What the remuneration report can tell a canny investor

While some investors may see the fuss about remuneration as ‘full of sound and fury and signifying nothing’, others understand that, like most things in the world of company valuation, the more you look the more you see.

And in a time when corporate communication is carefully guarded and controlled, for those who know where to look, the remuneration report is an open back-door into many aspects of how the company and its directors really think.

So let’s look at five fundamental questions that the remuneration report can answer, if you know what you’re looking for.

#1 To what extent has management ‘captured’ the Board?

The absolute amounts on offer to the CEO and the executive team should be of interest to any investor, but not because of the simple politics of envy.  Rather, the amounts on offer tell a great deal about the power that the executive has over the Board and ultimately how effective the Board will be in overseeing the actions of management.

If the Board is convinced that they have to pay the CEO far more than what is offered elsewhere, it says the Board places inordinate importance on keeping this CEO.

Any Board that is that enraptured with its CEO is unlikely to effectively oversee his performance or provide the vital check to the power invested in that role.

This can be a particularly dangerous situation for investors when the company is considering questions of capital allocation.

#2 What’s more important to this Board: substance or form?

Long term incentive plans (LTIPs) are a ubiquitous feature of remuneration reports.  Since the advent of the ‘two strikes’ policy, the form of LTIPs has narrowed to those most likely to be approved by the governance advisory industry.  Typically this means using relative TSR, cliff vesting (ie nothing for performance below the 50th percentile of the peer group), and a testing period of three or more years.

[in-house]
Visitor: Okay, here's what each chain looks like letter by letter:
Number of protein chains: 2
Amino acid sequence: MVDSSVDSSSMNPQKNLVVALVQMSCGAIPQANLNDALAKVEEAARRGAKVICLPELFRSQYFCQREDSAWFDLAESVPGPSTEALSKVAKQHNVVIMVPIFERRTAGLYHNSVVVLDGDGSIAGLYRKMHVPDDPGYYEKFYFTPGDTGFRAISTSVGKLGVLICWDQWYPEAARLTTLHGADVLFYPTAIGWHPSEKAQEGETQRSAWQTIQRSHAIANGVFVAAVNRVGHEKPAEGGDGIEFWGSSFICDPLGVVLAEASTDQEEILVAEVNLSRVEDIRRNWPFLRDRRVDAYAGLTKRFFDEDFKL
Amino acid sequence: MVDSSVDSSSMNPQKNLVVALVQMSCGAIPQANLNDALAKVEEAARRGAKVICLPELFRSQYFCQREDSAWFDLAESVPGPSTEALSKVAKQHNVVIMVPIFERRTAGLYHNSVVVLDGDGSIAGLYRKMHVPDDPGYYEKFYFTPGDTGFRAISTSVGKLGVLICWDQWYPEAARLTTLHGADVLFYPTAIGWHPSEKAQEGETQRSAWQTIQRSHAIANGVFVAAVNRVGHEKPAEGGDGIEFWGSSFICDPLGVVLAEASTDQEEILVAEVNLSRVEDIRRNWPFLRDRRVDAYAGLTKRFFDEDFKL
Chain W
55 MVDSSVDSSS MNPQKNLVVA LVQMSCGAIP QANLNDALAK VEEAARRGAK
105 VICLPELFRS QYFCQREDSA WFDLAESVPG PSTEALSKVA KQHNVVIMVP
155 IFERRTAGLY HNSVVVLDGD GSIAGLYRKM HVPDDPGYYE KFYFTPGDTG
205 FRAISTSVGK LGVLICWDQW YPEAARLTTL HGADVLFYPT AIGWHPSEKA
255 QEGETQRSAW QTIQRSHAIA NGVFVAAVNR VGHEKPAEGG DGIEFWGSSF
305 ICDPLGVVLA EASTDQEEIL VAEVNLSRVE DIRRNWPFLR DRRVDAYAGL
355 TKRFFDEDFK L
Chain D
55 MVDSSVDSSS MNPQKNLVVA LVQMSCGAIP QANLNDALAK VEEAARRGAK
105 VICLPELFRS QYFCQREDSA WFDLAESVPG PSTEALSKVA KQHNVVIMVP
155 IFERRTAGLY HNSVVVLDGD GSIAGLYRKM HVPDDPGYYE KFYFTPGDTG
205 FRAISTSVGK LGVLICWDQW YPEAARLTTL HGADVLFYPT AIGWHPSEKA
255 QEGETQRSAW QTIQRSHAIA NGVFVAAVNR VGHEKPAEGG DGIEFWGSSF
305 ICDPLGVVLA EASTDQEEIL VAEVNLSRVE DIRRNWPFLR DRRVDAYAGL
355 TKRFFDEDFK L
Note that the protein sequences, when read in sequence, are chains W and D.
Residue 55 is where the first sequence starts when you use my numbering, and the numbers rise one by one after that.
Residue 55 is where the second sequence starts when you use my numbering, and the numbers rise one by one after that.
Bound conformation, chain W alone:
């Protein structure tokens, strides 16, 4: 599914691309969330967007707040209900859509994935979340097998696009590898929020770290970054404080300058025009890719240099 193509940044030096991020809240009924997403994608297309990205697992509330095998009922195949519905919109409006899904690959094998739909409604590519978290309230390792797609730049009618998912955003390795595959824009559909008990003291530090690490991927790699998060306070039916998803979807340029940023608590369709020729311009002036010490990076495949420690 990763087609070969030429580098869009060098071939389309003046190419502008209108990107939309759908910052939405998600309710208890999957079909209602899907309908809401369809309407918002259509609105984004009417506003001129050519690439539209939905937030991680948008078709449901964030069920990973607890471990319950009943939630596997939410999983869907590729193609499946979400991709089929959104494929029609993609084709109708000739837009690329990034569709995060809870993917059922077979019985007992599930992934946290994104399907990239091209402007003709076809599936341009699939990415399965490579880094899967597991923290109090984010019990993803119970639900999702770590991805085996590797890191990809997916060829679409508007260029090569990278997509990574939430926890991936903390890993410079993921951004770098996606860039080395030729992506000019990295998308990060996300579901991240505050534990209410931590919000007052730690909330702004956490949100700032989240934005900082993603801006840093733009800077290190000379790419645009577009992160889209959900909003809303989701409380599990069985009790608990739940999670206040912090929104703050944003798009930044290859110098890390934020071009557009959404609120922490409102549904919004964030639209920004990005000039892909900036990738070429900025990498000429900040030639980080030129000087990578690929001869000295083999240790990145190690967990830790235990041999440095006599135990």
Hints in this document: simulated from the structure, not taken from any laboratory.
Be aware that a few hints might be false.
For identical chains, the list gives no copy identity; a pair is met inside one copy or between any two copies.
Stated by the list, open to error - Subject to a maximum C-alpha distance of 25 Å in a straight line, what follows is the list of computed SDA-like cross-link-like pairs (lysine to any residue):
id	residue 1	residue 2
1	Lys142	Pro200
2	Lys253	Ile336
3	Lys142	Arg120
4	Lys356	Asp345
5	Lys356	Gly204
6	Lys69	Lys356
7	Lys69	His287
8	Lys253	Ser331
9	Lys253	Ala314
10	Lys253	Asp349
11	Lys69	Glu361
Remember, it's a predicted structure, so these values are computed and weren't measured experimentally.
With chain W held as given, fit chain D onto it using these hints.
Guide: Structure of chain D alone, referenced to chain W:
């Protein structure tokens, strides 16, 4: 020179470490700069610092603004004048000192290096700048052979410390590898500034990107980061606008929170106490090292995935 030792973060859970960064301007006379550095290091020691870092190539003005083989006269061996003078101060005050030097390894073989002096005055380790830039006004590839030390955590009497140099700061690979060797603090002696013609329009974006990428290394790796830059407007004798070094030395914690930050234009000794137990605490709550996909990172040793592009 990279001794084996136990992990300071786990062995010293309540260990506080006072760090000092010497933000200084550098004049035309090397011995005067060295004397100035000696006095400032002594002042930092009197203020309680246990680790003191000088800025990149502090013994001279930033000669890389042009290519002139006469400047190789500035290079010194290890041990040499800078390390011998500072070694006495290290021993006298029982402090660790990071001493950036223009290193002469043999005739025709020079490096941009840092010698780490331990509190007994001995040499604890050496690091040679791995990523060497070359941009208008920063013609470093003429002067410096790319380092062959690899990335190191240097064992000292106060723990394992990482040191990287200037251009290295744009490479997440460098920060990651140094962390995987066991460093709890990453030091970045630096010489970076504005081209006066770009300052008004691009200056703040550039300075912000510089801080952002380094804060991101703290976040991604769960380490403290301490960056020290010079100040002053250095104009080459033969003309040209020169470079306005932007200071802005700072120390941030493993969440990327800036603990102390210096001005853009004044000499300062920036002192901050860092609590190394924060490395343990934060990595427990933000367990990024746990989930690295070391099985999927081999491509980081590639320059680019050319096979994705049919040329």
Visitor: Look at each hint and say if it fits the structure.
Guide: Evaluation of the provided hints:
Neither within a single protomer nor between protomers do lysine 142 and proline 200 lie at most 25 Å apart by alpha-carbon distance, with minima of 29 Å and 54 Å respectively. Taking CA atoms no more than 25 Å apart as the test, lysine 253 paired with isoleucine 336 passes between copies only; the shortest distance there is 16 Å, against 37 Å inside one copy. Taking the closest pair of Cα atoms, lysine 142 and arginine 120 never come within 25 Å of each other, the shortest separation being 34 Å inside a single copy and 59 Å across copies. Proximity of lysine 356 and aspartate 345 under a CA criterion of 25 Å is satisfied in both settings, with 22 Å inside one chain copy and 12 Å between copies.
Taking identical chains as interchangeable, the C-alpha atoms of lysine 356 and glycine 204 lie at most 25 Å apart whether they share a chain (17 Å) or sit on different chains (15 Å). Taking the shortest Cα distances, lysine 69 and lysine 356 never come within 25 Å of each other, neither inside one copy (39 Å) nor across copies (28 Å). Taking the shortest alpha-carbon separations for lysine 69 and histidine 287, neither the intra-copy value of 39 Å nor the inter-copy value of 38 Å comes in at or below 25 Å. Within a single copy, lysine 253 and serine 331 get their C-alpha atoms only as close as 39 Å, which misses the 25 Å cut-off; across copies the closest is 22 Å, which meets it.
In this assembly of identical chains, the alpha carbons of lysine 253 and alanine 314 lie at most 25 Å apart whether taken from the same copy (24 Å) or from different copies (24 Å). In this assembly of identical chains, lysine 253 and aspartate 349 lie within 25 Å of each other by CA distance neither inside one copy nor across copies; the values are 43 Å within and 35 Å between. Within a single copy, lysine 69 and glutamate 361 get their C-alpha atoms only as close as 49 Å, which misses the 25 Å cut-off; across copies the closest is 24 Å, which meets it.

But, as many directors will quietly admit, they are also a colossal waste of money.  This is because the vast majority of executives who participate in this type of LTIP see any rewards that it offers as so beyond their control that the LTIP is really little more than a lottery.

In fact a 2013 study by PwC and London School of Economics professor Alexander Pepper showed that only 38% of Australian executives rated their firm’s LTIP as an effective incentive.

The capriciousness of the typical LTIP and its consequential ineffectiveness as an incentive is not new.  So, a Board that chooses not to employ the typical LTIP may well care more about effectively applying shareholders’ money than following the listed company herd.  A focus on substance over form augurs well for the treatment of shareholder funds in other matters.

#3 What does the Board think really drives the value of the company?

It is fair to assume that most public company directors are genuine in their desire to see the value of the company grow over time.  But what do they think really drives the value of the company?  Is it earnings growth?  Asset growth? Free cash flow? A higher return on equity?

This is important, because ultimately the Board is responsible for the big capital allocation decisions that can make such a difference to shareholder returns.  On what basis do they judge those opportunities?

Few companies set out what they think drives the value of the company (unfortunately), but the remuneration report can provide useful insight into this question because in structuring a reward program, the Board must answer a basic question, ‘What are we prepared to pay for more of?’

Assuming the Board will reward more of what they think drives the value of the company, the metrics used in the company’s reward programs are telling.

For example, Boards that reward EPS or EBITDA growth trumpet to the world that they recognise the importance of profit growth.  But they also make it clear that they don’t value what rate of return the business generates on investors’ capital.  After all, money invested at as little as 2 or 3% will grow EPS and EBITDA, even as it destroys the wealth of investors.

What does this mean when the company is faced with a major capital allocation question?  Any Board that is prepared to reward managers for EBITDA or EPS growth is likely to view favourably investment proposals that grow EBITDA or EPS, even if that means a return on investment as low as 1%.

A Board that pays for EPS growth or EBITDA growth either doesn’t understand the importance of generating a return above the cost of capital, or doesn’t care.

Return based measures, such as Return on Capital Employed (ROCE) and Economic Profit signal instead that the Board is awake to the importance of getting a decent return on investors’ money and of encouraging managers to recognise this as well.